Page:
• Hugh Smeaton, inventor of the PLC Smart Grid system which can capture network losses, is pushing for a huge public sector exposé, after an illegitimate embargo was placed on his system 
  • It has cost the country job and investment opportunities in a $500 billion worldwide market
  • Climate change has tightened its grip this summer, with a crisis having been declared by Jeremy Corbyn & other leaders  

Despite fulfilling a brief set by David Cameron’s Coalition Government to invent a Smart Grid system that captured network losses and complied with EU directives, retired Fife engineer Hugh Smeaton has been continually thwarted in efforts to see the technology either introduced in the UK, or in it being deployed abroad for Scottish companies to grab a share of a $500 billion market.

Having purchased his own worldwide patent for the technology a few years ago, and in failing health, he is now calling for the technology to be brought into the public domain.  A recent report that Smeaton submitted to the Parliamentary Ombudsman on what he calls the “UK Smart Grid fiasco”, came back telling him that neither successive Government Departments, nor representatives from numerous public enterprise bodies, together with the large UK energy suppliers who have sat on various generously funded Smart Grid committees for the past fifteen years, had any case to answer.

“It smacks of a major cover up, a desire to protect their own interests and the massive profits the energy companies make,” said Smeaton. “They are quite happy to sit back and let UK consumers continue to pay more for their energy than they would under the Smart Grid system I have invented. This desire to protect themselves at home means we are unlikely ever to gain access to the worldwide market which would generate jobs and investment for our workers. Smart Grid has no watchdog in the UK – It’s corruption on a huge scale. Meanwhile climate change, like we have seen this summer with widespread flooding and extreme heatwaves, will only get worse in the coming years.”

“It has got so bad that Jeremy Corbyn himself has coined the phrase “UK Crisis on Climate Change,” said Smeaton.

There are currently 600,000,000 PLC smart meters in circulation in the world, based on Smeaton’s original design when MD of Dunfermline based Linburg in the 1990s. Smeaton has documented meetings with both DECC (Dept of Energy & Climate Change) and OFGEM, when it was widely accepted that his system met the requirements for Smart Grid written in the 2010 Coalition Agreement.

Yet, he has continually been denied access to a £550m Ofgem Low Carbon Network Fund which could have helped take his technology abroad, and had to sit by the whilst numerous public interest bodies and Energy Supply & Distribution Companies making up the Scottish Smart Grid Action Plan, rejected the technology based on a pathetic excuse about wayleave agreements on private rural land, whereas the cables needed for PLC would pass along normal residential streets.

Smeaton claims his is the only Smart Grid system able to dramatically reduce the percentage of network losses in the developing world’s low voltage networks, thus reducing global carbon omissions to comply with The Paris Agreement on Climate Change,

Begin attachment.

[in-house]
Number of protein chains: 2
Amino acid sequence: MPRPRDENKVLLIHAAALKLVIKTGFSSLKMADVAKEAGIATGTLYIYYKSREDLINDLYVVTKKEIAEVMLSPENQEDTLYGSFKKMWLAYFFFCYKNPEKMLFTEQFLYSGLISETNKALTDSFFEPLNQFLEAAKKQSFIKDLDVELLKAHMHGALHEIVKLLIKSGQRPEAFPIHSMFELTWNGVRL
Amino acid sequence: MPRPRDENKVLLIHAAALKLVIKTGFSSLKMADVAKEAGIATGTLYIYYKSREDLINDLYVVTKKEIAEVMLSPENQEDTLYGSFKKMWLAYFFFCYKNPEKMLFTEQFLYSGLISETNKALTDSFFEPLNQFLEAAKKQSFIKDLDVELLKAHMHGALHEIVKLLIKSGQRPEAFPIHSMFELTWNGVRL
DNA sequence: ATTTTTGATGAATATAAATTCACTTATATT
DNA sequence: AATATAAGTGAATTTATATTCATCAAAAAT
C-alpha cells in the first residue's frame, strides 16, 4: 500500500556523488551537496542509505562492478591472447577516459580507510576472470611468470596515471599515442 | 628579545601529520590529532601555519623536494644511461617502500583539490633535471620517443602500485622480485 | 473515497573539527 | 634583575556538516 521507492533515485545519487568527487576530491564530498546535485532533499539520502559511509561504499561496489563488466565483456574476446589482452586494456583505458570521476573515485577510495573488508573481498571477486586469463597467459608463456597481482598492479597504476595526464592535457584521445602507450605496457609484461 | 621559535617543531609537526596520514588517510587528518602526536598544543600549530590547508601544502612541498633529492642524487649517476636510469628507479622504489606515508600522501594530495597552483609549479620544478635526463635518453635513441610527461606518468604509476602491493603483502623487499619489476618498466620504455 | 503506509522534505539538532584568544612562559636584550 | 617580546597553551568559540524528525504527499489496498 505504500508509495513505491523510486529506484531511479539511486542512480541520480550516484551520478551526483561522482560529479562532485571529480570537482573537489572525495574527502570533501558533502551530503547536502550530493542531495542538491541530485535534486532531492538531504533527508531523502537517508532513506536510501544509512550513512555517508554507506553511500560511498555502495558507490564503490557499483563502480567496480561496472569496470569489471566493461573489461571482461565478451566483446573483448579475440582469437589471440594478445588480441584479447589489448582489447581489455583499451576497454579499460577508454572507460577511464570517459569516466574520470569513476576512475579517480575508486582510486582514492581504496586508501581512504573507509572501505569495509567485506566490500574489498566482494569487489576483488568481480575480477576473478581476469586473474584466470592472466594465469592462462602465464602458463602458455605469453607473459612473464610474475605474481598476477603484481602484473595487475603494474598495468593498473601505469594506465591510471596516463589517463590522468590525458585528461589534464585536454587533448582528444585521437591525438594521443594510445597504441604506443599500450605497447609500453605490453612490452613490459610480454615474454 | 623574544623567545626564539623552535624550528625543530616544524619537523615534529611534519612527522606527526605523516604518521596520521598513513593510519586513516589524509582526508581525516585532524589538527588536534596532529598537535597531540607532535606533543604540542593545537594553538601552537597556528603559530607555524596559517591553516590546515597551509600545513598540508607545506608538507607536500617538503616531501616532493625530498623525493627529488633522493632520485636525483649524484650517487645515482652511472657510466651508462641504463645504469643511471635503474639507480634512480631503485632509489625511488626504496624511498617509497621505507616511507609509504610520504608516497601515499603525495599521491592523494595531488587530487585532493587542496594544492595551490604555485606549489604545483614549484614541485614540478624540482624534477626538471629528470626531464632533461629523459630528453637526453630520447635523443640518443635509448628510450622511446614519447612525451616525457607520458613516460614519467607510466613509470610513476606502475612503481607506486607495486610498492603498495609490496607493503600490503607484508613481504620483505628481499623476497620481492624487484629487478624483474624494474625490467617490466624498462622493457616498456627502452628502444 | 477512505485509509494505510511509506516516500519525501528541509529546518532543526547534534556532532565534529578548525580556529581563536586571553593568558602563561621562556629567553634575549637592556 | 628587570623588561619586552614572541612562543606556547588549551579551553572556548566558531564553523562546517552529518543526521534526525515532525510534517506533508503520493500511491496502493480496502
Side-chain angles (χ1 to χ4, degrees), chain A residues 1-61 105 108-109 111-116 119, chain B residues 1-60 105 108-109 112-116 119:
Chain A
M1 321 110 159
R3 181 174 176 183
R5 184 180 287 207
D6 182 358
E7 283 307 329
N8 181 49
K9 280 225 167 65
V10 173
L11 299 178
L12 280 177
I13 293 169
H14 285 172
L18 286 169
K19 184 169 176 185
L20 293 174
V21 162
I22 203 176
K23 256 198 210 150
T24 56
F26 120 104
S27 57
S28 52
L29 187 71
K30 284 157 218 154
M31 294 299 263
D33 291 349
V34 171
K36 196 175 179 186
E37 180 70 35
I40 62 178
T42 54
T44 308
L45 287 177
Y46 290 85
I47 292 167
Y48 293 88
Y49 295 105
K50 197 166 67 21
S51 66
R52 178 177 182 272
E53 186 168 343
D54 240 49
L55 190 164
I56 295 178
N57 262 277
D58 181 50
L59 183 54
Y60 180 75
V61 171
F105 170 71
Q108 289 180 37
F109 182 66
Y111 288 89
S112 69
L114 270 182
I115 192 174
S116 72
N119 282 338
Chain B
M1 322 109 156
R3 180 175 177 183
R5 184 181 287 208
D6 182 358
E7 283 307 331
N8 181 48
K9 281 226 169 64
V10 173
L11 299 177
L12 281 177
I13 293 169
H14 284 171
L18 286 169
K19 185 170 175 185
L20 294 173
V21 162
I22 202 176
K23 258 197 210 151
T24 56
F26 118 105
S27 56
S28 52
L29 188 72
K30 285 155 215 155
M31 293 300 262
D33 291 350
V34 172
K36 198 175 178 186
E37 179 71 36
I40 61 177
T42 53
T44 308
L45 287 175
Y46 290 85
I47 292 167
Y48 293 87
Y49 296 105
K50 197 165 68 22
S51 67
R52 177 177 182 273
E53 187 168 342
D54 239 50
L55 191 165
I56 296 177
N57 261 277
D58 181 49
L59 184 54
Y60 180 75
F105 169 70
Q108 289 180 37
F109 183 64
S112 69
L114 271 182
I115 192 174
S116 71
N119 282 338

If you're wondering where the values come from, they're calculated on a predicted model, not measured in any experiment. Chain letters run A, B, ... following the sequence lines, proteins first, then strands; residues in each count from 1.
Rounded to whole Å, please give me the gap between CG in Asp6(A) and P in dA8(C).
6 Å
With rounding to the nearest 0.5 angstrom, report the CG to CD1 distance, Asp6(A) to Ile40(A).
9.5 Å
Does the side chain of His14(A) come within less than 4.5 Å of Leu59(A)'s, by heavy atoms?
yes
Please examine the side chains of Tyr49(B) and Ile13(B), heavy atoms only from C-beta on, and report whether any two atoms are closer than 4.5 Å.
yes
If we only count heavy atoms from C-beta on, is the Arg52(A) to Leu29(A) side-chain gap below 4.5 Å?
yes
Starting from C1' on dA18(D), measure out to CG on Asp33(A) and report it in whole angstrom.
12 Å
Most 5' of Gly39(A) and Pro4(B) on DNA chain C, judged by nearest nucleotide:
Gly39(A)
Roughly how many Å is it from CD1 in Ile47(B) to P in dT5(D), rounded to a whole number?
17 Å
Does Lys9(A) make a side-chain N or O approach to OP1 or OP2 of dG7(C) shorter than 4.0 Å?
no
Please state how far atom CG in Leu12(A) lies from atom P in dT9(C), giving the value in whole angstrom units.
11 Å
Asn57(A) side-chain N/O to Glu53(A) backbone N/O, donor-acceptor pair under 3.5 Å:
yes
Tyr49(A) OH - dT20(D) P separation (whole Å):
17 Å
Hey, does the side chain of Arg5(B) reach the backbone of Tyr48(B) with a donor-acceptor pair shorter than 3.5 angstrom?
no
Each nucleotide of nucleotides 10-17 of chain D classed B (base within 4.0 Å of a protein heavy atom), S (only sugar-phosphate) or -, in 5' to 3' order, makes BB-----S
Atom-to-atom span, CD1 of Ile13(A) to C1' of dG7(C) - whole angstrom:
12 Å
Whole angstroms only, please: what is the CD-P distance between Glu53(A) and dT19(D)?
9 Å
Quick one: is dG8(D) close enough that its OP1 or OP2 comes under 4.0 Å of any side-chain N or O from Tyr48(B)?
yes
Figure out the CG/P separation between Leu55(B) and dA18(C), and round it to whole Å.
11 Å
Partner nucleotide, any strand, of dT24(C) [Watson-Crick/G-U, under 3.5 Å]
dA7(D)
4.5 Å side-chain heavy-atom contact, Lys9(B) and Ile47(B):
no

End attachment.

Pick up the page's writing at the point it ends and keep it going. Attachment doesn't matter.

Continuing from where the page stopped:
The $500 billion worldwide market for this technology in which the UK could potentially be competing, was created in December 2015 by the Paris Agreement. This keynote Agreement on Climate Change in December 2015, (ratified worldwide in December 2016), voted to reduce Avoidable Carbon Emissions from the power stations of the developing world.

The Smart Meters specified by DECC cannot compete in this market, as they do not produce the necessary information.

Best known for establishing leading engineering firm Fortronics in Dalgety Bay in Fife in 1969, Smeaton has enjoyed a fifty year career during which time he has been responsible for many thousands of man hours in the engineering industry in Fife. Fortronics off shoot firm, Linburg, first developed a version of PLC in 1996.

 “In simple terms, I recognised that, to be effective, a Smart Meter had to produce more information than simply recording kilowatt hours, which is all most meters did in the past,” said Smeaton. “They had to relate information to the geographic location on the networks supplying the meters,” he said.

“Avoidable Network Losses are largely created by electricity theft in the developing world and run at 30%, compared to 8% in the UK,” said Smeaton.

“I still hope to see something good come of my invention, or at very least a proper apology from the Government for not adopting my system when they acknowledged that I had met my brief,” he said. “I also need to get the technology into the public domain before it’s too late.”

Smeaton’s attempts to get The Scottish Government to fund a Smart Grid demonstration at the Cumbernauld based Power Networks Demonstration Centre also fell on deaf ears, despite the Centre agreeing to do it. 

“Smart Grid is controlled from London, so you could say that our own Scottish Government has its hands tied, but they certainly did have the authority to implement  testing which they have not. So much for them wanting to stand up for Scottish technology and Scottish jobs – a travesty!” said Smeaton.

Having contacted Channel 4 Dispatches, and other TV platforms, Smeaton is continuing in his quest to bring the issue out into the open. He concluded : “The public need to become aware that they have been dramatically undersold when it comes to Smart Meters.”